Microsoft argues for cloud computing security

These days we store more and more information not on our computers but on the Internet, or in the cloud. Cloud computing can be used in all kinds of ways, such as for Web-based e-mail or large, corporate content management systems. Recently, Microsoft General Counsel Brad Smith travelled to Washington D.C. to urge Congress to enact legislation that would protect information that’s stored in the cloud. In his blog on the Huffington Post Web site, Smith says, “We need a safe and open cloud—a cloud that is protected from the efforts of thieves and hackers while also serving as an open source of information to all people around the world.”

Microsoft’s proposed legislation calls for:

Reforming the Electronic Communications Privacy Act.

Modernizing the Computer Fraud and Abuse Act.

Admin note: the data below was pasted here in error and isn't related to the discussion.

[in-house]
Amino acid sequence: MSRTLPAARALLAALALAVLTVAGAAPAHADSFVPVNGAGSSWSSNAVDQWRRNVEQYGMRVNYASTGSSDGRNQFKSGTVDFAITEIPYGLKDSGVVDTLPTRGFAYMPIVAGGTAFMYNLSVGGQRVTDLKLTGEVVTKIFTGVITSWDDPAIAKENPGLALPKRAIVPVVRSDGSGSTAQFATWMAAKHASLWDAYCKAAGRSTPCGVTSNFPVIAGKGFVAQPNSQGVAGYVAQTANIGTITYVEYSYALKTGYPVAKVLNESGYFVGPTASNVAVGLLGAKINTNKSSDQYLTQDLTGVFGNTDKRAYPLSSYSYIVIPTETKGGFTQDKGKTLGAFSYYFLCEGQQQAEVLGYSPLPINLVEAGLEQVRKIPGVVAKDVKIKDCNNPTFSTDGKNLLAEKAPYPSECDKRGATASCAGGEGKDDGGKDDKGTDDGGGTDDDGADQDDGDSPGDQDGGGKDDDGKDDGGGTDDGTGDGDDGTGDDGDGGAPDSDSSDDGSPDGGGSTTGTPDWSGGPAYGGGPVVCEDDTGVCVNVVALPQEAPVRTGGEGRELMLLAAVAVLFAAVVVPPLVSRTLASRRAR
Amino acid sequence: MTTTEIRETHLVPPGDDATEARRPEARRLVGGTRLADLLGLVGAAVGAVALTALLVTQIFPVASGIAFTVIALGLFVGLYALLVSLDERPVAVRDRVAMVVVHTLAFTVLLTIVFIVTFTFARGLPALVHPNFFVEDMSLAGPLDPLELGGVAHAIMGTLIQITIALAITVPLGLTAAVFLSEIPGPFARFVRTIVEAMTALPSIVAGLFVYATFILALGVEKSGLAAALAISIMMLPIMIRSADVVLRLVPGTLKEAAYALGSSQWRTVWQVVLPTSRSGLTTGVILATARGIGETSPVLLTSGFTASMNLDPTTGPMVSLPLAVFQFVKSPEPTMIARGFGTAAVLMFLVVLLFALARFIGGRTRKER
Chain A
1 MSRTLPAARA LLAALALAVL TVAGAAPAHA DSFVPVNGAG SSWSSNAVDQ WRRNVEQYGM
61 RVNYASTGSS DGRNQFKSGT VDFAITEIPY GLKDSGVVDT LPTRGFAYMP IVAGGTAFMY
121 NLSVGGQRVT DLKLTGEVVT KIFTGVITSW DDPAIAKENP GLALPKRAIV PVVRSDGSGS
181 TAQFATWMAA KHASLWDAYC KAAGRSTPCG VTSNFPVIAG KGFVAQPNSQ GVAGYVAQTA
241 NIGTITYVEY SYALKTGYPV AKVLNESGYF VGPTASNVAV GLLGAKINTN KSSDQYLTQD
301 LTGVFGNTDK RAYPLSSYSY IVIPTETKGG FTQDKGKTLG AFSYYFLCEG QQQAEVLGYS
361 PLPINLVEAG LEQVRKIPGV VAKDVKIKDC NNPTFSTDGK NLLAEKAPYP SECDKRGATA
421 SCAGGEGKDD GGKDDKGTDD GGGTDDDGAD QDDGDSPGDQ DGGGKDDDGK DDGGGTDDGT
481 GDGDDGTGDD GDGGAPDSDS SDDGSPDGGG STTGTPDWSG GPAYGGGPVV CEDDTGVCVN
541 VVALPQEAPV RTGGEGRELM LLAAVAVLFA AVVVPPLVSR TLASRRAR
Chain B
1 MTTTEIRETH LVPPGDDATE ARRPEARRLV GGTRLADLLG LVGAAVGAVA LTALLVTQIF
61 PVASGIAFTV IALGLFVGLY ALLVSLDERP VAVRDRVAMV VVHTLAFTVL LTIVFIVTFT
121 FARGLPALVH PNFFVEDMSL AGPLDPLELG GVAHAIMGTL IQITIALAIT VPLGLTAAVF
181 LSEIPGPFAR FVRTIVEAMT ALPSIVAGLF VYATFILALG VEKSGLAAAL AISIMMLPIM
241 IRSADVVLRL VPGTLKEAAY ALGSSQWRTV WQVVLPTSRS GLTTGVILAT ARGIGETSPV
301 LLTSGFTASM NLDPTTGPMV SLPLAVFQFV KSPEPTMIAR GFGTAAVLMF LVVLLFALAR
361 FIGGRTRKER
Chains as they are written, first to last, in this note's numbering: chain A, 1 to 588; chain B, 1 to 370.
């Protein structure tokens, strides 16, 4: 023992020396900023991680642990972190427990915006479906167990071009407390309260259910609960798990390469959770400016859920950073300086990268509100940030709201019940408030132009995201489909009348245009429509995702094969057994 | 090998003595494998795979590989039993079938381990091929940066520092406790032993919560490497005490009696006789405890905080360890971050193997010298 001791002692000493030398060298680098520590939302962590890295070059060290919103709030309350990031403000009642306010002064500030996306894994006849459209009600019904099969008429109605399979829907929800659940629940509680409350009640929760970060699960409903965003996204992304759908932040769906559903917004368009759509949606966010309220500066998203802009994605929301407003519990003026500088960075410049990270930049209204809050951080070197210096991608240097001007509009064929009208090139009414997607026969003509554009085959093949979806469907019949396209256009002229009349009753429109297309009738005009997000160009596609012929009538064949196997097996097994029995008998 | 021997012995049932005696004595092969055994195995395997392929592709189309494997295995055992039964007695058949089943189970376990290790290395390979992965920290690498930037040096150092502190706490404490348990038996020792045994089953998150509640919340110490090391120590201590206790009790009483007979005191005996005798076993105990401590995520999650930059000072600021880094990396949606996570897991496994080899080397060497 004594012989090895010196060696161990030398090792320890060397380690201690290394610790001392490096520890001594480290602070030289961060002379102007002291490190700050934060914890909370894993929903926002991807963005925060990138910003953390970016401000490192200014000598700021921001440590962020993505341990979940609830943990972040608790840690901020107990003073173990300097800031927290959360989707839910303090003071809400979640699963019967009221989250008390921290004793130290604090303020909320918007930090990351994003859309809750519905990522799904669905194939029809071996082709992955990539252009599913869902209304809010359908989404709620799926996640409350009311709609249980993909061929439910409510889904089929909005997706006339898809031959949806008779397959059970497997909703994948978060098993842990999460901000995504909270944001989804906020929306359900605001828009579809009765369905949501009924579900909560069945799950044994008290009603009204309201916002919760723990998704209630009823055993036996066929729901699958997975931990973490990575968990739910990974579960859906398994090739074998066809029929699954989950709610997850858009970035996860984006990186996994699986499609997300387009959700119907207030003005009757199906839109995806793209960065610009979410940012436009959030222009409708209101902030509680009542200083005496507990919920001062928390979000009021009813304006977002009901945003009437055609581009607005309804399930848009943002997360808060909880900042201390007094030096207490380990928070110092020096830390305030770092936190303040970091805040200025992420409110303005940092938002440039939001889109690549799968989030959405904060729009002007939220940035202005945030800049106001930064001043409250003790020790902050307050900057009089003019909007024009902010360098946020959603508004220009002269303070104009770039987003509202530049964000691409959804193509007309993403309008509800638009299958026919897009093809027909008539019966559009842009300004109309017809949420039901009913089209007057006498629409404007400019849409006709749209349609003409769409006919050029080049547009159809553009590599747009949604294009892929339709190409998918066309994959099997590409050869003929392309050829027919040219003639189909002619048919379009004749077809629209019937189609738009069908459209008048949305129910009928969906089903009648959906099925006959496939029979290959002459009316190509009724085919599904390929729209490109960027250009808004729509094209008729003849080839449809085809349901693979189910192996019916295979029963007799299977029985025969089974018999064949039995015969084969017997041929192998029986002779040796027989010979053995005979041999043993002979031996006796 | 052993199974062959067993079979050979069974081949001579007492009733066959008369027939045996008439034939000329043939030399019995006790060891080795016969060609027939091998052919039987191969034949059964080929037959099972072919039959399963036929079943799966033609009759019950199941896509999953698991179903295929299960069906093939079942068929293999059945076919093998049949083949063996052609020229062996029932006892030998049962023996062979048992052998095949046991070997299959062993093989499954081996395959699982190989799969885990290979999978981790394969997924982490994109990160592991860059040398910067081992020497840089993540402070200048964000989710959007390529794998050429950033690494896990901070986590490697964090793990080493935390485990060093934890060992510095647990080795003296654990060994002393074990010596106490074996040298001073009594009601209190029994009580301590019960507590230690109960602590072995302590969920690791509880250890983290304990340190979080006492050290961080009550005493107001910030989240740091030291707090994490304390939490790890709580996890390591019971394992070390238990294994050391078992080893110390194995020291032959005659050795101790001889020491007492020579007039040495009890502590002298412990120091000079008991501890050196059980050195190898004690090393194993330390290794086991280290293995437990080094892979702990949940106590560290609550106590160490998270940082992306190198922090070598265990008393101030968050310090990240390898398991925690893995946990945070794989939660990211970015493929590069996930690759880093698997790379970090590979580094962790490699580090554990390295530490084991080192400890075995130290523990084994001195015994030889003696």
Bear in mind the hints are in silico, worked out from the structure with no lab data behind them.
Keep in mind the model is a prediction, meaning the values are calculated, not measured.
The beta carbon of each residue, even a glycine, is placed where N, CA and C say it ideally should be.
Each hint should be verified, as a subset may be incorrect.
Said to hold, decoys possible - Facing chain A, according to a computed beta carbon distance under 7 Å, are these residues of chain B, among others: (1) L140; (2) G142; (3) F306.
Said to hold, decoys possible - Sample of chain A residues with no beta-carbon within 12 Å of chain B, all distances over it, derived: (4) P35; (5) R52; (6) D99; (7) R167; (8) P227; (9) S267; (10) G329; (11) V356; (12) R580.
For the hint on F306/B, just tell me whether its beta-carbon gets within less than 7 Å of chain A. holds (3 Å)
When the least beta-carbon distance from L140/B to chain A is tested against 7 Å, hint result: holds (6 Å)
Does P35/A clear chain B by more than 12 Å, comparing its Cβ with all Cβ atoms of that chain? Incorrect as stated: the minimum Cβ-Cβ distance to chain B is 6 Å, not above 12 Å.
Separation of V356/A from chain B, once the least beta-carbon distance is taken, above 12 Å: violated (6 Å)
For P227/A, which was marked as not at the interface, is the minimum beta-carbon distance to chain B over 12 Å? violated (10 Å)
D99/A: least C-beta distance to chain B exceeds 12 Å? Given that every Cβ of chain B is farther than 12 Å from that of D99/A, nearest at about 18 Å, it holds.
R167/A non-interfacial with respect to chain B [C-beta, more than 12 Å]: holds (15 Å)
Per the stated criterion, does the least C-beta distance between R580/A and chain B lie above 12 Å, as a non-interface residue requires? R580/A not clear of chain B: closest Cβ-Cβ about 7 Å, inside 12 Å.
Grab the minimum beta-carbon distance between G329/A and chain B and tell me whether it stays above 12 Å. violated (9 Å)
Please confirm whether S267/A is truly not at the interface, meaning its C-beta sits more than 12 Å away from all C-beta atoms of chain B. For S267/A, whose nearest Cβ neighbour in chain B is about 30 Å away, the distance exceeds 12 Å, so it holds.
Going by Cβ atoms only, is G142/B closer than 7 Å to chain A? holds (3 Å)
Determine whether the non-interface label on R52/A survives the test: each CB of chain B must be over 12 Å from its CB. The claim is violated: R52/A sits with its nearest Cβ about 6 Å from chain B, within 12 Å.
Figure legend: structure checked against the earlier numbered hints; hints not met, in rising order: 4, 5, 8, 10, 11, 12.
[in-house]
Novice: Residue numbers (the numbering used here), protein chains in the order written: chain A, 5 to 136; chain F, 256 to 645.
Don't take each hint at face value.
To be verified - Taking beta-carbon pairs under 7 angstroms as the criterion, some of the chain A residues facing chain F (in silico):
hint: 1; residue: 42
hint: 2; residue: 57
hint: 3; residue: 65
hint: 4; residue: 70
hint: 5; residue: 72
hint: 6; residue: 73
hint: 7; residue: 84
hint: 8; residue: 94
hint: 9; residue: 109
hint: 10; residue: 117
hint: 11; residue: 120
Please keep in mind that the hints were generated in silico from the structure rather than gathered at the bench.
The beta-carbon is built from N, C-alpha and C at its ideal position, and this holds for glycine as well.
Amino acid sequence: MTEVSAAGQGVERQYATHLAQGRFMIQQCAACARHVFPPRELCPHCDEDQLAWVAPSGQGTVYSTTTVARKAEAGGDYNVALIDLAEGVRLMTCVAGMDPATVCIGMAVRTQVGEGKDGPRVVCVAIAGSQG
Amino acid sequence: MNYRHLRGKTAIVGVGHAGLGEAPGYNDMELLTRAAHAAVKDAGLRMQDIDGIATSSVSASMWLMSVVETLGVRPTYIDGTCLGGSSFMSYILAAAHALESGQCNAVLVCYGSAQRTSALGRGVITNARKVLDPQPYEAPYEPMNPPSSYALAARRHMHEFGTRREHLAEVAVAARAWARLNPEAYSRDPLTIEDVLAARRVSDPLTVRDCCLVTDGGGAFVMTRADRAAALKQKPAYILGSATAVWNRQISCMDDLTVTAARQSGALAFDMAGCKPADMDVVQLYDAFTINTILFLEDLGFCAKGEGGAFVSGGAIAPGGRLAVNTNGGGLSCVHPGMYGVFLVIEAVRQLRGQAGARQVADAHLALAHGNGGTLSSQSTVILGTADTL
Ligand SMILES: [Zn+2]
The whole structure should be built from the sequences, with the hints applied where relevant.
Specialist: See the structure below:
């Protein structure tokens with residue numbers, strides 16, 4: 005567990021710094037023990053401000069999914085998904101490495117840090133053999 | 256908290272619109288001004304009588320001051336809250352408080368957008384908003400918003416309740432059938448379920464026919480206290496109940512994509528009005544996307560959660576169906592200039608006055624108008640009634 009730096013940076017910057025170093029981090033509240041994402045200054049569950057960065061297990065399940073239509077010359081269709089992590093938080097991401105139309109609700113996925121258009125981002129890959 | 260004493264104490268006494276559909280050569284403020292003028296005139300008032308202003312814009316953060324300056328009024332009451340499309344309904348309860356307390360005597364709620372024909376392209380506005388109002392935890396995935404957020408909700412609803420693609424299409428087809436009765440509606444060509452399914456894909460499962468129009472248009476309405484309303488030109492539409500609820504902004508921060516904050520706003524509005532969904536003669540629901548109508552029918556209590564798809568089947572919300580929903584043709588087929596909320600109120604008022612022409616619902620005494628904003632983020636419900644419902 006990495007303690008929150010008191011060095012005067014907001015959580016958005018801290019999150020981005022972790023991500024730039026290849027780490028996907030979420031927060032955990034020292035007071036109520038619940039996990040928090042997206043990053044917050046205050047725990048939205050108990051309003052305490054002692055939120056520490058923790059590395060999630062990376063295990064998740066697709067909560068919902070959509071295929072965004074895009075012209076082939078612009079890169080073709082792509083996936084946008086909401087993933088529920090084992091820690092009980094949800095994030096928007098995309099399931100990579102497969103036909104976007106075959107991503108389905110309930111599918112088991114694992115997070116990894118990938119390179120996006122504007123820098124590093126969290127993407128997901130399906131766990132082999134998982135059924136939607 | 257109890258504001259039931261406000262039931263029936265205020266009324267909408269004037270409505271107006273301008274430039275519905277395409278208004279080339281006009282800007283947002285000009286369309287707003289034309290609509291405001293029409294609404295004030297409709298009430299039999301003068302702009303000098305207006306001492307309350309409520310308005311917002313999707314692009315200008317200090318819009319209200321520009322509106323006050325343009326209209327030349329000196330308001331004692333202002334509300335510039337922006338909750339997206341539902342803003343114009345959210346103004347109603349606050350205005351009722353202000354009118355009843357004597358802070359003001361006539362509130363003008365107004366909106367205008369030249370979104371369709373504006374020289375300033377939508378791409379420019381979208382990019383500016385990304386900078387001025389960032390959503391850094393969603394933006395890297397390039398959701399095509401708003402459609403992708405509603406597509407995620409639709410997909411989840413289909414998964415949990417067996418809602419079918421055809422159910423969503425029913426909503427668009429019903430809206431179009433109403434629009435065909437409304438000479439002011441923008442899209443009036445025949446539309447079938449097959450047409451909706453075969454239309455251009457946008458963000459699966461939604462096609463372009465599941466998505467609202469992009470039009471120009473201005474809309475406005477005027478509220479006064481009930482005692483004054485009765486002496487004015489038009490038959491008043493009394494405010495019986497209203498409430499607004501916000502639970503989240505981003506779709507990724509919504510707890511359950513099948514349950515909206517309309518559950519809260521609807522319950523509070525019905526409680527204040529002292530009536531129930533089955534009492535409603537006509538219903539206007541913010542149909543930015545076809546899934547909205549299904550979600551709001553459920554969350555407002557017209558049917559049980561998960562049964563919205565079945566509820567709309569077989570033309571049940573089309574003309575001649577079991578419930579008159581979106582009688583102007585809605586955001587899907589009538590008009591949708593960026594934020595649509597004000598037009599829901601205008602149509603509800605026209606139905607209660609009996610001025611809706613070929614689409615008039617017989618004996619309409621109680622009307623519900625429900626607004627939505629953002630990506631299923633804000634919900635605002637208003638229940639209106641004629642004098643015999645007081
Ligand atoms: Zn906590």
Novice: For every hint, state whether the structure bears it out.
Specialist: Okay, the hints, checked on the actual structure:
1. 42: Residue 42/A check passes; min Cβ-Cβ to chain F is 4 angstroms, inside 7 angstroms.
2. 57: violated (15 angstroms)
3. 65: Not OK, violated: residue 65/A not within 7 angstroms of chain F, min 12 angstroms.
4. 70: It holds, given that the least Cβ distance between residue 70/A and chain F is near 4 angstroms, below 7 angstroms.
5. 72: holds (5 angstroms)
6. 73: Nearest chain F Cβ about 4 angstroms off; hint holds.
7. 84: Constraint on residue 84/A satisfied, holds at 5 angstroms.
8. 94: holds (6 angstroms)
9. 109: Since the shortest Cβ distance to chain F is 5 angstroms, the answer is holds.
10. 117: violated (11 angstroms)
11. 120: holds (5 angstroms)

Helping consumers and businesses manage how their information is collected and shared.

Addressing data access issues globally.

To read a transcript or to watch a video clip of Smith’s speech, see Building Confidence in Cloud Computing.

For more information about Microsoft’s approach, see Privacy in the Cloud.

About the Author
Eve Blakemore

Group Manager, Trustworthy Computing

Eve Blakemore is a Group Manager for Trustworthy Computing who delivers consumer guidance around the latest trends in security and privacy. Eve joined Microsoft in 1998 and has worked in corporate and field roles with Microsoft Learning, US Public Sector, Read more »